Age and growth of the Mesopotamian spiny eel, Mastacembelus mastacembelus (Banks & Solender, 1794), from southeastern Anatolia

Creative Commons License

Gümüş A., ŞAHİNÖZ E., DOĞU Z., Polat N.

TURKISH JOURNAL OF ZOOLOGY, vol.34, no.3, pp.399-407, 2010 (SCI-Expanded) identifier identifier

  • Publication Type: Article / Article
  • Volume: 34 Issue: 3
  • Publication Date: 2010
  • Doi Number: 10.3906/zoo-0809-8
  • Journal Indexes: Science Citation Index Expanded (SCI-EXPANDED), Scopus, TR DİZİN (ULAKBİM)
  • Page Numbers: pp.399-407
  • Keywords: Mesopotamian spiny eel, Mastacembelus mastacembelus, vertebra, age, growth, LENGTH RELATIONSHIPS, FISH, WEIGHT, VALIDATION, PRECISION
  • Ondokuz Mayıs University Affiliated: Yes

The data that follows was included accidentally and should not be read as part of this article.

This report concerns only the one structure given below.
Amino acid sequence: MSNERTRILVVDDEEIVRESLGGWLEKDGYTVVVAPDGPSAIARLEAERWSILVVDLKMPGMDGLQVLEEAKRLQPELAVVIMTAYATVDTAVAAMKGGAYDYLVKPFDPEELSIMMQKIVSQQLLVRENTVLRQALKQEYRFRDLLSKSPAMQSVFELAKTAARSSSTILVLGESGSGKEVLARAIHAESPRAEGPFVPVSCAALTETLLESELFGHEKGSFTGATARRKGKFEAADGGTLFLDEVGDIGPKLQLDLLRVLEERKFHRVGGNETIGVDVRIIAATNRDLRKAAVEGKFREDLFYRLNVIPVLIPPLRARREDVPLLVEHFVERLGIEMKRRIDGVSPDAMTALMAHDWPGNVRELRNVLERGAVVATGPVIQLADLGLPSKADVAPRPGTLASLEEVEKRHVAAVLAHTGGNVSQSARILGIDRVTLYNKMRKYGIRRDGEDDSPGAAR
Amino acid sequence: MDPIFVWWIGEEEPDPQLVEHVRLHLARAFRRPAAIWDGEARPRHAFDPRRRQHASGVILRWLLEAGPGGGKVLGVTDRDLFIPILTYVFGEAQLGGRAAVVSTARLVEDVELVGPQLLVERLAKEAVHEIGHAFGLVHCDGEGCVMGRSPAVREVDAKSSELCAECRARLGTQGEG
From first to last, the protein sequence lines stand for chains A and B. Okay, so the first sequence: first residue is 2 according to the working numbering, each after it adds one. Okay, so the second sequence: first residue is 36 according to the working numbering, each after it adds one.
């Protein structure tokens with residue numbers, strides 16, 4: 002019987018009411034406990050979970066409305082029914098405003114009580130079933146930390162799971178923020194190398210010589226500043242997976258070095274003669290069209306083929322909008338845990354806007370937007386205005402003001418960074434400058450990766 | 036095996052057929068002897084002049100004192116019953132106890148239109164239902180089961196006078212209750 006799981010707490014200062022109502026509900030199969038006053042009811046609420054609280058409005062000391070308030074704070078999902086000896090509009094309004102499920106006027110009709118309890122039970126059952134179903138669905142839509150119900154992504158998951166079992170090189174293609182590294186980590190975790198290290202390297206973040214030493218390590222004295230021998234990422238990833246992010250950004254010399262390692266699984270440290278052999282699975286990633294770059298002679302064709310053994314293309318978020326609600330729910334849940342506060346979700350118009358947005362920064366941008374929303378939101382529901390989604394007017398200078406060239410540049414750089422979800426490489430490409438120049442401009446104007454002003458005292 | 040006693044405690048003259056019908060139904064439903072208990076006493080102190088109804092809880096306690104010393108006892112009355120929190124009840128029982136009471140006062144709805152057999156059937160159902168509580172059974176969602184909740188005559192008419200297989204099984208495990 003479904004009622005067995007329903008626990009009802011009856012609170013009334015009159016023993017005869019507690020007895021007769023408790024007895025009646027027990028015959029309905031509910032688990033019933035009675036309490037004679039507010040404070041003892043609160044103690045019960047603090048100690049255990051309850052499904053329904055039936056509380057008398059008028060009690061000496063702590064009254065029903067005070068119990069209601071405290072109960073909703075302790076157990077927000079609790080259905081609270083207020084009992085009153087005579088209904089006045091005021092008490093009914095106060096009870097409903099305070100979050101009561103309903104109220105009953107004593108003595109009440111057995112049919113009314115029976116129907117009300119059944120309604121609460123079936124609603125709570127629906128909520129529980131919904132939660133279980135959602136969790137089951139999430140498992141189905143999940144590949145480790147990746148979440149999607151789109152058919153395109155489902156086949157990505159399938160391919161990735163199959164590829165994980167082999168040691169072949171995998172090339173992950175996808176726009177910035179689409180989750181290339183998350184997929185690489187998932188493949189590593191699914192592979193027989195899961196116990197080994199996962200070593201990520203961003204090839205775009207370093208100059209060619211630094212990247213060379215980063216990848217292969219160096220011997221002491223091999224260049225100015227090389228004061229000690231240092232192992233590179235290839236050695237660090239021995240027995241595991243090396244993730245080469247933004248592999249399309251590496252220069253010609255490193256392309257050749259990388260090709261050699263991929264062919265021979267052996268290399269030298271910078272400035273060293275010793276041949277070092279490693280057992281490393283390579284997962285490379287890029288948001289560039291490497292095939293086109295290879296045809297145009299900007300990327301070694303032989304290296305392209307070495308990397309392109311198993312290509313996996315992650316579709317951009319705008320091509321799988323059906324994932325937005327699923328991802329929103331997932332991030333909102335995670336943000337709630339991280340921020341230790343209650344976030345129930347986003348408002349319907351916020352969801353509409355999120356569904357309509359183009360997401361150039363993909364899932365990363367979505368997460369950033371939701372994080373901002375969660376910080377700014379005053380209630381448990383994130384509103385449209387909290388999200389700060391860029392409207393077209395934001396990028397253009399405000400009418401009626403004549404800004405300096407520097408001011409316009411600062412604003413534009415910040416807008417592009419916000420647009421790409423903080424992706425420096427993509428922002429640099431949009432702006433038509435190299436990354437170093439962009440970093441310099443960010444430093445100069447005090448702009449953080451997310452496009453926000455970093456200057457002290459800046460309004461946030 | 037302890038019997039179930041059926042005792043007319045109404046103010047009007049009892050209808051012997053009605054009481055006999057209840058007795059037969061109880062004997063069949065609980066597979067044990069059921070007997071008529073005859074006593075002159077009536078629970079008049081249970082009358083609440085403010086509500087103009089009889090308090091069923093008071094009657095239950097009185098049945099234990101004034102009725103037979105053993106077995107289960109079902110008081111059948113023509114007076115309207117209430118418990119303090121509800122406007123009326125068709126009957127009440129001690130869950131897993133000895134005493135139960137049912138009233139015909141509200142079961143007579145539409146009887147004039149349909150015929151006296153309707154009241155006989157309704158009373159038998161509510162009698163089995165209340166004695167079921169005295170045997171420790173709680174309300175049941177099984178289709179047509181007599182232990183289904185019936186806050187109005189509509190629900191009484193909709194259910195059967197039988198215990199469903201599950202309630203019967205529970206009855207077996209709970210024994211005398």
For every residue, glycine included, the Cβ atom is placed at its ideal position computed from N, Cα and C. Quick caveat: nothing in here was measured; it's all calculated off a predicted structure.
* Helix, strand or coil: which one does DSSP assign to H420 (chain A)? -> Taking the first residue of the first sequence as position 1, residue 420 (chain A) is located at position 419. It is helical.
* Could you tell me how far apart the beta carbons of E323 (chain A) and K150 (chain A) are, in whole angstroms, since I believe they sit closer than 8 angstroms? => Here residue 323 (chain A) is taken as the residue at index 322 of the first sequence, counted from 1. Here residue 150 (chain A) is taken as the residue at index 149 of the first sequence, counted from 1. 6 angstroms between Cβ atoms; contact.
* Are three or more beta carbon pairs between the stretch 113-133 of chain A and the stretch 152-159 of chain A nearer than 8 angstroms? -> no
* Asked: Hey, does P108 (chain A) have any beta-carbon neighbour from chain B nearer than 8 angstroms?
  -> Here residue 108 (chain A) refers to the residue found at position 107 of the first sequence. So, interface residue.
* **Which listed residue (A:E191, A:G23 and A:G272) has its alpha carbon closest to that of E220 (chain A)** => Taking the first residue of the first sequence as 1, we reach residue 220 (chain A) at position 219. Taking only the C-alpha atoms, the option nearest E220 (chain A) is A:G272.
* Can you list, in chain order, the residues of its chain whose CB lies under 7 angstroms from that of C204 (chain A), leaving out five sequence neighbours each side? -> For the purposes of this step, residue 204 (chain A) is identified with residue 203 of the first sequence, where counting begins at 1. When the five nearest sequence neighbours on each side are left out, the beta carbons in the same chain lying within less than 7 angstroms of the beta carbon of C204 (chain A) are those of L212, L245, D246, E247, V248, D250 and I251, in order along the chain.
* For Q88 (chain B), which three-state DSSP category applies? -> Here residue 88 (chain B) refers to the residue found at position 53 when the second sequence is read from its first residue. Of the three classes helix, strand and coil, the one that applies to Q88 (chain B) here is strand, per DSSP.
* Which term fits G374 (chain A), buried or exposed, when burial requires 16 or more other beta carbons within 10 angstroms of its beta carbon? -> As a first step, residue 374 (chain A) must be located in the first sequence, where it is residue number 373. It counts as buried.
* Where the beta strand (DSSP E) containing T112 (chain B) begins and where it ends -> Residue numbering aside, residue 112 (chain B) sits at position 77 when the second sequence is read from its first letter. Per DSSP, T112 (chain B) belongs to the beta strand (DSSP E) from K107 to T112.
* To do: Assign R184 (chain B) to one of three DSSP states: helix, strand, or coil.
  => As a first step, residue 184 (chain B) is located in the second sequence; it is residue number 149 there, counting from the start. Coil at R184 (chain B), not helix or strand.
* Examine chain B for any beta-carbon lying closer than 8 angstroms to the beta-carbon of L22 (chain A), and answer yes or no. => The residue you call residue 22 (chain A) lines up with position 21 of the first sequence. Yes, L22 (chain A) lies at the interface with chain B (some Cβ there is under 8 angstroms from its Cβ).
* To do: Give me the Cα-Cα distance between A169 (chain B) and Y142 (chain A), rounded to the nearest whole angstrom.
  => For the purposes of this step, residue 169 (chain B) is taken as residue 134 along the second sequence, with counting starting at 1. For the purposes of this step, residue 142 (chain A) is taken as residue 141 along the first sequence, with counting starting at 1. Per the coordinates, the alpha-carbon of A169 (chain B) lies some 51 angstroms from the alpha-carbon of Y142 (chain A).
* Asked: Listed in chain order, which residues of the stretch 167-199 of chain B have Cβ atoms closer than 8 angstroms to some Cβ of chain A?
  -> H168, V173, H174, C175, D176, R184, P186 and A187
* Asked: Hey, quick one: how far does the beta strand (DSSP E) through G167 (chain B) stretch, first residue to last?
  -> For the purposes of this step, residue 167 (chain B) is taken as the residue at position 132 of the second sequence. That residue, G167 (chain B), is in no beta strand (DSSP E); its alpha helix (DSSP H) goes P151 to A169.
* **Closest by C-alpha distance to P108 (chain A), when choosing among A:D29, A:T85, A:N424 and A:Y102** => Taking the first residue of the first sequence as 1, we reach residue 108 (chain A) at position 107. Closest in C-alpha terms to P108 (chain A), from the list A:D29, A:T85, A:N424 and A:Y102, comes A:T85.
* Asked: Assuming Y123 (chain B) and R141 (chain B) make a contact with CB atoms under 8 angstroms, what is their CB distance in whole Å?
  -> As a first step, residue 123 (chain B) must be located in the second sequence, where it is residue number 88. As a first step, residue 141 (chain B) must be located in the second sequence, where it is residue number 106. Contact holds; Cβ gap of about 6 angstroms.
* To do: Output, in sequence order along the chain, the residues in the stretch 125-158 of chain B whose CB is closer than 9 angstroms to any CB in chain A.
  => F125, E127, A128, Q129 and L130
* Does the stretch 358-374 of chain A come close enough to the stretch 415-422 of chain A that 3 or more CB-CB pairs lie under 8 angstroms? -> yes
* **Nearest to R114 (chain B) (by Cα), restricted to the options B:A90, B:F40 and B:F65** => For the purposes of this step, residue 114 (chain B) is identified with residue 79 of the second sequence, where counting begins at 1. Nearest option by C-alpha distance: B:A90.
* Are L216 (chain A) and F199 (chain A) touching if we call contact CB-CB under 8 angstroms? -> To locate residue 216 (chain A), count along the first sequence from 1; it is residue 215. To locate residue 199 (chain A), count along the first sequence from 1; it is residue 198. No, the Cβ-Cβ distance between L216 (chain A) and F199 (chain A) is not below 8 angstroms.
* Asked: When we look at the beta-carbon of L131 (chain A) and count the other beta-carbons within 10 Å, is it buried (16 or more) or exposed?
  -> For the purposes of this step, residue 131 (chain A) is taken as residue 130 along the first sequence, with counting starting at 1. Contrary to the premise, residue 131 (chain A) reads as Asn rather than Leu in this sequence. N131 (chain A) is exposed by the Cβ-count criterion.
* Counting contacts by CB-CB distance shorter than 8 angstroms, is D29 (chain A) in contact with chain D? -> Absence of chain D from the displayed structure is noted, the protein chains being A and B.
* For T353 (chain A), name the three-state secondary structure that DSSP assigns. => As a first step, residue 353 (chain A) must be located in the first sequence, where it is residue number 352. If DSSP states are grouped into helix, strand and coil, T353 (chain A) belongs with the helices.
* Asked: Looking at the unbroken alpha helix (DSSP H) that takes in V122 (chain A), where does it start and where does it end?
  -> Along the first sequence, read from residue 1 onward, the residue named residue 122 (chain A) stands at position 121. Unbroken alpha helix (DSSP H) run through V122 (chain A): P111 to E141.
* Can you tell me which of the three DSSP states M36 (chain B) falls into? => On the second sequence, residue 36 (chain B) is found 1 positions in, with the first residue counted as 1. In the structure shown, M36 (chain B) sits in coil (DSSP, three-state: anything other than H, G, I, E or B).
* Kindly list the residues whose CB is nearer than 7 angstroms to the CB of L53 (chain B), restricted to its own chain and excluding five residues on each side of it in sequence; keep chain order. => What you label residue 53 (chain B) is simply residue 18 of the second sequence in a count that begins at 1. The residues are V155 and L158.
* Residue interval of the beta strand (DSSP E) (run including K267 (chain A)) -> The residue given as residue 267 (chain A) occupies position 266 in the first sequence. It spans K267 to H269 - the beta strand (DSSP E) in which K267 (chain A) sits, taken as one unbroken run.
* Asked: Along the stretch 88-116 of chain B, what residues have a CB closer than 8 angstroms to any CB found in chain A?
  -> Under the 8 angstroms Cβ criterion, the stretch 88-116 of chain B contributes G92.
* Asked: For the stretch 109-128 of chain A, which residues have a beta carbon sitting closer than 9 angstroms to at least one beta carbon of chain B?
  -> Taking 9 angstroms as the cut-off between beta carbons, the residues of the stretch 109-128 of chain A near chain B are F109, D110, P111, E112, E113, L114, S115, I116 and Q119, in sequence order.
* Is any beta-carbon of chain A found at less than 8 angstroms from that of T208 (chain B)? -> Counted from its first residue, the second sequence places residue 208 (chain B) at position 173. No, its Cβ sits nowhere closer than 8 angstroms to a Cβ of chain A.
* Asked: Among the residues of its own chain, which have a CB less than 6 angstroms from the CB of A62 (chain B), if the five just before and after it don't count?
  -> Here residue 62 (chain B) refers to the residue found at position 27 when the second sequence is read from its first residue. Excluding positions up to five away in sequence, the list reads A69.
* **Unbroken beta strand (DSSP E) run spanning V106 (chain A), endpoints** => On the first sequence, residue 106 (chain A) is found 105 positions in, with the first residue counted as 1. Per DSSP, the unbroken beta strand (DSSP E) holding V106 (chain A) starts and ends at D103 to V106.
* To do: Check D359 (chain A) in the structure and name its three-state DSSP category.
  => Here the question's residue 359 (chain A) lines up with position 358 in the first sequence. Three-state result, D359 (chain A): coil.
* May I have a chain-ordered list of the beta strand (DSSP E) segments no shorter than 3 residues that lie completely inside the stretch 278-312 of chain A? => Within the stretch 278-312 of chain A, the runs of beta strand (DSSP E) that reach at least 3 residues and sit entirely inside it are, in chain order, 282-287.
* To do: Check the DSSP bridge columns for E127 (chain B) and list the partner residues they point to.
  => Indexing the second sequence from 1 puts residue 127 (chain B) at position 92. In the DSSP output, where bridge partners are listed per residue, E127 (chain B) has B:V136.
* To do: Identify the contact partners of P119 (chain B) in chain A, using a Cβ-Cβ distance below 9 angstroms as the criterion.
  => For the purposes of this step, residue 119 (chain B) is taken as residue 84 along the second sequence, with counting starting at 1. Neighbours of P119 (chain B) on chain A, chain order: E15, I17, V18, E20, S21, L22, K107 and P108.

Mesopotamian spiny eels, Mastacembelus mastacembelus (Banks & Solender, 1794), were collected from a large dam lake located on the Euphrates River in order to determine the most reliable ageing method among different hard structures and to estimate growth parameters. Vertebra, otolith, and opercle series were removed from 195 individuals. Vertebrae displayed the most interpretable annulus formations. Total length ranged from 14.4 cm to 76.9 cm and total weight ranged from 6.0 g to 950.0 g. The length and weight frequency distribution was significantly different between the 2 sexes (K-S test, P < 0.001). The length-weight relationship, determined as W = 0.004TL(2.84) (r = 0.98), revealed no sex-based significant difference (GLM, P > 0.05). Age classes ranged from 1 to 21 years in males and up to 9 years in females. Vertebra diameter was strongly correlated with total length and age, which were expressed by linear or cubic regression equations. The von Bertalanffy growth parameters were L infinity = 81.7 cm, k = 0.13 cm year(-1) and t(0) = -0.573 years for the combined sexes, and the empty set_' index was estimated as 6.766. Age interpretation revealed that a natural mark occurs on vertebrae in the third year of growth. This mark was composed of narrowly arranged numerous checks within the third annulus and it disappeared in subsequent annuli, which may be related to an environmental stress factor that occurred in that year.